Currently, there are no AODA education standards. However, two AODA standards development committees have drafted recommendations of guidelines that AODA education standards should include. One committee has recommended guidelines for the kindergarten to grade twelve (K-12) education system. In contrast, the other committee has recommended guidelines for the university and college education system. In addition, some members from both committees have joined to form the Education Technical Sub-Committee. This Sub-Committee recommends guidelines to prevent and remove barriers students face during transitions. Transitions include beginning school, and from high school to work, community life, or postsecondary education. In this article, we outline recommendations from the Postsecondary Committee and the Sub-Committee for alternative transition programs or pathways for students with disabilities.
Alternative Transition Programs or Pathways for Students with Disabilities
The Sub-Committee recommends that the Ministry of Education, and the Ministry of Colleges and Universities, should promote alternative programs and pathways for students with disabilities. For example, one type of alternative program is Community Integration for Co-Operative Education (CICE). This program offers both academic and non-academic courses at a college or university. The program welcomes students with intellectual disabilities, who:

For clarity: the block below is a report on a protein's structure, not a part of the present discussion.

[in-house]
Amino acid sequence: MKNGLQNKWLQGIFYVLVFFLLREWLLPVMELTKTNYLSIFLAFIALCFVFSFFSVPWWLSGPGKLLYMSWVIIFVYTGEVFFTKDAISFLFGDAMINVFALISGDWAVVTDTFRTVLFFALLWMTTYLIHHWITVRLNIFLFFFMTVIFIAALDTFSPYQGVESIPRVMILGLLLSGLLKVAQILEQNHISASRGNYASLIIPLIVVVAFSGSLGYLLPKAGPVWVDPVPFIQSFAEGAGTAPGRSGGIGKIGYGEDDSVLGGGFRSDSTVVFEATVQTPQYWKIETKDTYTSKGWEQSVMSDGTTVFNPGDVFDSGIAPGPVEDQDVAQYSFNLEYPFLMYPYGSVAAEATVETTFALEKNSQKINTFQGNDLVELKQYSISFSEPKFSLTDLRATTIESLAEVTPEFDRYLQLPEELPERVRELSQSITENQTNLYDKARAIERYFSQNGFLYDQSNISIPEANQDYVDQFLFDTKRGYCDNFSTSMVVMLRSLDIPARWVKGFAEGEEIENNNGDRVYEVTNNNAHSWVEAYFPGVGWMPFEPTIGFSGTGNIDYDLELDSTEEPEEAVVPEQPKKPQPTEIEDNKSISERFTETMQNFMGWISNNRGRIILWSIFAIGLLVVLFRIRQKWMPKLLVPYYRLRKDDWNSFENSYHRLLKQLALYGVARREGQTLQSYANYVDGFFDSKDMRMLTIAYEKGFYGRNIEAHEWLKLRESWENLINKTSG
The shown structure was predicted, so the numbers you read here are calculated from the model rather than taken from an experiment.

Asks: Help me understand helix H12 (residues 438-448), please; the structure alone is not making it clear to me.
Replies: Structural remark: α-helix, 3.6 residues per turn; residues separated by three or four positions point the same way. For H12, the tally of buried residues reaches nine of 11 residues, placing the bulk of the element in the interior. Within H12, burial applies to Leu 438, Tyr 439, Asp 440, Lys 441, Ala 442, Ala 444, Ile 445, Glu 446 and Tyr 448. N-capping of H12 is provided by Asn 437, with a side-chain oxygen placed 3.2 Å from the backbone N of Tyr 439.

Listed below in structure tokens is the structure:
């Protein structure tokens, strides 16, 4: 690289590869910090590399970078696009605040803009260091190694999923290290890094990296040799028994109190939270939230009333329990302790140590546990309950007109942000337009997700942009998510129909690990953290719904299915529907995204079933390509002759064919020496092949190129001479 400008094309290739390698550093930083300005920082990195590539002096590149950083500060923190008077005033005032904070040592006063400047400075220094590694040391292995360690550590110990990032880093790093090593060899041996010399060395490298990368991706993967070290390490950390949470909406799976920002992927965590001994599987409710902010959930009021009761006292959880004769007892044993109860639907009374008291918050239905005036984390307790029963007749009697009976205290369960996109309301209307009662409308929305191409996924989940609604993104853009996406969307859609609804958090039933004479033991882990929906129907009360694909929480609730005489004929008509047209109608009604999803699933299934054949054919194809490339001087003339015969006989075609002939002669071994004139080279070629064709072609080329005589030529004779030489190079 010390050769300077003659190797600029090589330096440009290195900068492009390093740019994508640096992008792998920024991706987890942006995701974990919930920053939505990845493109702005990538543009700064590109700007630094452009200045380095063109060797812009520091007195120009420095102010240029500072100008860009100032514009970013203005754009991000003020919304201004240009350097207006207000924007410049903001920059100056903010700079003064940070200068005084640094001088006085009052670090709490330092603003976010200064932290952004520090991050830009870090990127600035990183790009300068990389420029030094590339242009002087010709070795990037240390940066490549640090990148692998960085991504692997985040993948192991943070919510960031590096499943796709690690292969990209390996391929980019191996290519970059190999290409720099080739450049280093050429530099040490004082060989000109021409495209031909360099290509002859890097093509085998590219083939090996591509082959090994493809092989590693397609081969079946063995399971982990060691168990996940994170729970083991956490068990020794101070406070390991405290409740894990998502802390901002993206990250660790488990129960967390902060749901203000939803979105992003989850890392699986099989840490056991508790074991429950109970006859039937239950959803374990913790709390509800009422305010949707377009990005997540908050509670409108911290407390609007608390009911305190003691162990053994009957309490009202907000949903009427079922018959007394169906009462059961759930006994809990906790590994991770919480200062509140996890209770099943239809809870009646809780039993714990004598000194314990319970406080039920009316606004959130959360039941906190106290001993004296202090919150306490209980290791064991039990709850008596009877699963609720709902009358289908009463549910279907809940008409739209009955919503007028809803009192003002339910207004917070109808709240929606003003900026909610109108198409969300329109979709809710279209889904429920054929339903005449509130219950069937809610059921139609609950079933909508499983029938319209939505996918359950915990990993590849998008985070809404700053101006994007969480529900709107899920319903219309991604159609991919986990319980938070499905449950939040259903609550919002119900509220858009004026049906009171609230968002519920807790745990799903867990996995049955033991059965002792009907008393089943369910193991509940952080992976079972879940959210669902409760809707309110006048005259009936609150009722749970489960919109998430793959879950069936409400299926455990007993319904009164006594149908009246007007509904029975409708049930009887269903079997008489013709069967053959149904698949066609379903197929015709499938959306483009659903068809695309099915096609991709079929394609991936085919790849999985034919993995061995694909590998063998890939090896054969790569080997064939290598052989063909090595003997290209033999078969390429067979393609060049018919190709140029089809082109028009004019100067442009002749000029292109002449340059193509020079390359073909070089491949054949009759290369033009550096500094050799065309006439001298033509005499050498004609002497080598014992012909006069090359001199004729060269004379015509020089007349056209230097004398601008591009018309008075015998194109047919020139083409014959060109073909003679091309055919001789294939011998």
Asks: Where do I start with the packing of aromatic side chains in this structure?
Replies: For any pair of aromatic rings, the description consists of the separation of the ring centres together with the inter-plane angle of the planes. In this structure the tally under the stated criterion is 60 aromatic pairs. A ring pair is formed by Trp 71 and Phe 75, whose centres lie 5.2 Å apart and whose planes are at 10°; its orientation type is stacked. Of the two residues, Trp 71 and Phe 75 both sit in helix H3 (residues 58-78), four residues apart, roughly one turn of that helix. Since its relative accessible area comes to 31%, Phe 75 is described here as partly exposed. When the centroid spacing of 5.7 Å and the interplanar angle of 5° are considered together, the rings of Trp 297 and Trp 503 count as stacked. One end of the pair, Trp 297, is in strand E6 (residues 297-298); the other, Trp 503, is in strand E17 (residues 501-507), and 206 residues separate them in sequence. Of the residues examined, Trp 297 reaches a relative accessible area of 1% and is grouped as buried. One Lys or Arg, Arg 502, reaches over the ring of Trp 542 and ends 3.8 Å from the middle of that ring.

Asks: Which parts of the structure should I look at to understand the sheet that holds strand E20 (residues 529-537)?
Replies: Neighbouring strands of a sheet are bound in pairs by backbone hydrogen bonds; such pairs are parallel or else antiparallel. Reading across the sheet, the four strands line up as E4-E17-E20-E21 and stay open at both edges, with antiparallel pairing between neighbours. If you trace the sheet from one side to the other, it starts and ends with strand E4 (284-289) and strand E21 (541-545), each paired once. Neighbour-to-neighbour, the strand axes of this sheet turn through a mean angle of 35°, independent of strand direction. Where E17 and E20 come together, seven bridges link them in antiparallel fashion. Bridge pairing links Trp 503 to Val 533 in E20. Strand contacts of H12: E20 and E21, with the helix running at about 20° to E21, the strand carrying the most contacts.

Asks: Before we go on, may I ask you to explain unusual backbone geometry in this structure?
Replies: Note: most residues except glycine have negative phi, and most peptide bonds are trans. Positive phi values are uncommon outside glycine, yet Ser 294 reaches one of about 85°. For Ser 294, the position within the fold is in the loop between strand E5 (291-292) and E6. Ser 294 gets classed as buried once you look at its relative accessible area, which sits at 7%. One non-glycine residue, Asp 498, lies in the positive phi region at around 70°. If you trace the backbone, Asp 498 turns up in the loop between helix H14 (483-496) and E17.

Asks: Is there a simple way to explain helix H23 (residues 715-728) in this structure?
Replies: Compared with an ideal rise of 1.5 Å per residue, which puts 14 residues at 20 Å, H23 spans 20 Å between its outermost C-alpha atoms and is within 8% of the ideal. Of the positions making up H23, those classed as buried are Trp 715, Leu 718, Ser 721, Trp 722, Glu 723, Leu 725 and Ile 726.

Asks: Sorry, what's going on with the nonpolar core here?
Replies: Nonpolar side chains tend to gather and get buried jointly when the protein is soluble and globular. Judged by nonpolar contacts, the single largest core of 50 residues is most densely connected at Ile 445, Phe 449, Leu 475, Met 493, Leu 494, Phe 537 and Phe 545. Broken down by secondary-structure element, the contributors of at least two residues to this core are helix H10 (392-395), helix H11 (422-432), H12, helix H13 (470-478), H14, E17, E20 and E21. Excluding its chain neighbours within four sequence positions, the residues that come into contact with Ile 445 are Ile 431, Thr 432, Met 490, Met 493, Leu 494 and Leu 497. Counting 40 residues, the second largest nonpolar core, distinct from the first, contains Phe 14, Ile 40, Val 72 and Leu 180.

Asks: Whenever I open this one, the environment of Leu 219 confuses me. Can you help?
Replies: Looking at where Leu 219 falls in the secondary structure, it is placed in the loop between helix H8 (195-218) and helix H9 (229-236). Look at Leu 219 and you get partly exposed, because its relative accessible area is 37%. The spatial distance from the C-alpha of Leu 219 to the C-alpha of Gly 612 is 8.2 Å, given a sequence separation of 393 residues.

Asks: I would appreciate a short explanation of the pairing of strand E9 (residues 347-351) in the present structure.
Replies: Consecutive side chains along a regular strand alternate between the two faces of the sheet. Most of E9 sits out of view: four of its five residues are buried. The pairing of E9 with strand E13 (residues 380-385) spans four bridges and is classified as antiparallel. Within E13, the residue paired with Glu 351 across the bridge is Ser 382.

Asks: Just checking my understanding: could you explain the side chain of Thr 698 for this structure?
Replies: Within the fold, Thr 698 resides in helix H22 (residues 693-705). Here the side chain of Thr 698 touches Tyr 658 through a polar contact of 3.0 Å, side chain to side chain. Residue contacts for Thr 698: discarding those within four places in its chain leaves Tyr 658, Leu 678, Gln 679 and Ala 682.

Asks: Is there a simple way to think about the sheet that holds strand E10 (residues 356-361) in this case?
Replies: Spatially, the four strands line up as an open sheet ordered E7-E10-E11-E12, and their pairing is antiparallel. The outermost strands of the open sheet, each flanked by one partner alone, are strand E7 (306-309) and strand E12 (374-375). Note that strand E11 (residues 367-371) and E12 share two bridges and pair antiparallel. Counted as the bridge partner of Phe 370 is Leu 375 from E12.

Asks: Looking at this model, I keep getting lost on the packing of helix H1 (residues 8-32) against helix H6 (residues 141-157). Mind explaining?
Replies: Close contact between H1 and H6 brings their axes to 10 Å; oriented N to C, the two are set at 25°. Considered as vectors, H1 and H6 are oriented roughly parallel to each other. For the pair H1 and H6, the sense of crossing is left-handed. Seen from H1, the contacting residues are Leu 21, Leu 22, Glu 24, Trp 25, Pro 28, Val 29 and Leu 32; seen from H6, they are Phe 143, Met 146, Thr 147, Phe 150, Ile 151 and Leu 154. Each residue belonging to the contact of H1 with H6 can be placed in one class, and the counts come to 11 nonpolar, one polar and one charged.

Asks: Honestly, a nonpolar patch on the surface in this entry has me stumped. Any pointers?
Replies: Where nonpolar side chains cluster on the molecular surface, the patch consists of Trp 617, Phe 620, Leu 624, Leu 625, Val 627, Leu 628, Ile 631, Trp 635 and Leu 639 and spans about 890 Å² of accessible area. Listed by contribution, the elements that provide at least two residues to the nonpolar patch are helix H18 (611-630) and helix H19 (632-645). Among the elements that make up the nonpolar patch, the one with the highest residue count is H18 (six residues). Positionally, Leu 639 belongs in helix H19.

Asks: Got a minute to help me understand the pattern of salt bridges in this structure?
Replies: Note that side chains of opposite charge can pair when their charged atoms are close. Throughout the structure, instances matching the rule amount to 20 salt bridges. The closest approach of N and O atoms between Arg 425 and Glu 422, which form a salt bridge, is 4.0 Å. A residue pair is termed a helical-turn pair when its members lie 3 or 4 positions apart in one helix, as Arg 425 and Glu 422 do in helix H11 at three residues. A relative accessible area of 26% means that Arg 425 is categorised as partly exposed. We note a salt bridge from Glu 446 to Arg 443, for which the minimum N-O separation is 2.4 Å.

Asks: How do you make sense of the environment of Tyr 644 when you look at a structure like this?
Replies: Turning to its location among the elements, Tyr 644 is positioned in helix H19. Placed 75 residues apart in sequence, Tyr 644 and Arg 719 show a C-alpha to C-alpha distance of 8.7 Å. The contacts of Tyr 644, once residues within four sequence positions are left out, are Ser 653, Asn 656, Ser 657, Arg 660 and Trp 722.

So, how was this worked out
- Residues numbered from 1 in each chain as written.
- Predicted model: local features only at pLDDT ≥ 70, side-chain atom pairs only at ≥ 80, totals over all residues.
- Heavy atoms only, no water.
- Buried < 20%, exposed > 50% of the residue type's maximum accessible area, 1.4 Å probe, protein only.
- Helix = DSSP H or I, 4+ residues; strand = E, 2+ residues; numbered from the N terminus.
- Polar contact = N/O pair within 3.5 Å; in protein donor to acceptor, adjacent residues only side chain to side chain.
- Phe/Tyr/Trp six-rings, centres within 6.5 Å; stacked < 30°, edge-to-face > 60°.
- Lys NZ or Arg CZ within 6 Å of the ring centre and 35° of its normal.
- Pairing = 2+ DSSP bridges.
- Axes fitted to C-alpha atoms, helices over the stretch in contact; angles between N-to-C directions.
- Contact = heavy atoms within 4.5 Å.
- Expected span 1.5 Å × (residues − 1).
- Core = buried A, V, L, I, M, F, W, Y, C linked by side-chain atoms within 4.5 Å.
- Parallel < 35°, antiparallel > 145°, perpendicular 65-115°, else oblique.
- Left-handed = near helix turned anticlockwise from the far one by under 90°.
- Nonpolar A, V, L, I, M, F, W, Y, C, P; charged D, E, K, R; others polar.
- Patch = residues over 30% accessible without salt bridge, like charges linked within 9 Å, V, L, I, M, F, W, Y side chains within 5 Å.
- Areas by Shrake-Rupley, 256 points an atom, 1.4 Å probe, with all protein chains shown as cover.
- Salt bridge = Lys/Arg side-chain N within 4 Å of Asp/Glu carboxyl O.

- Integrate in the college or university community
- Gain employment and life skills
- Earn a college or university certificate
Colleges or universities offering these and other alternative pathway programs should alert the public about their availability. Likewise, the Ministries should publicize information about alternative pathway programs at colleges and universities:
- In Ontario
- Across Canada
- Around the world
Similarly, professionals in the K-12 school system should also know about these programs. For instance, professionals who should be aware include:
- Guidance counsellors
- Transitions facilitators or navigators
These professionals should also inform students and their families about these programs.
Moreover, the Ministries should provide funding to establish new programs and improve current offerings in Ontario. These offerings should include:
- Academic and non-academic programs
- Remote or virtual learning
- Experiential learning
For example, all Ontario colleges with a CICE program should be updated to include:
- Admission requirements that are consistent, visible, and Accountable
- Processes for interviewing, selecting, and accepting students
- Measures for evaluating their programs
- Transition supports for students finishing their programs
Industry Certificate Programs
In addition, the Ministries should work with industries and people with disabilities to establish new certificate programs. These accessible programs would teach skills that the industries need. For instance, existing programs include the Food Handling Certificate and the Ontario Skills Passport. More programs that impart relevant skills will produce more qualified job candidates with disabilities.
Finally, the Postsecondary Committee recommends that these programs should allow students to gain a portfolio of job readiness skills. Colleges and universities should work with businesses, and consultants who have disabilities, to develop opportunities for students to gain these skills.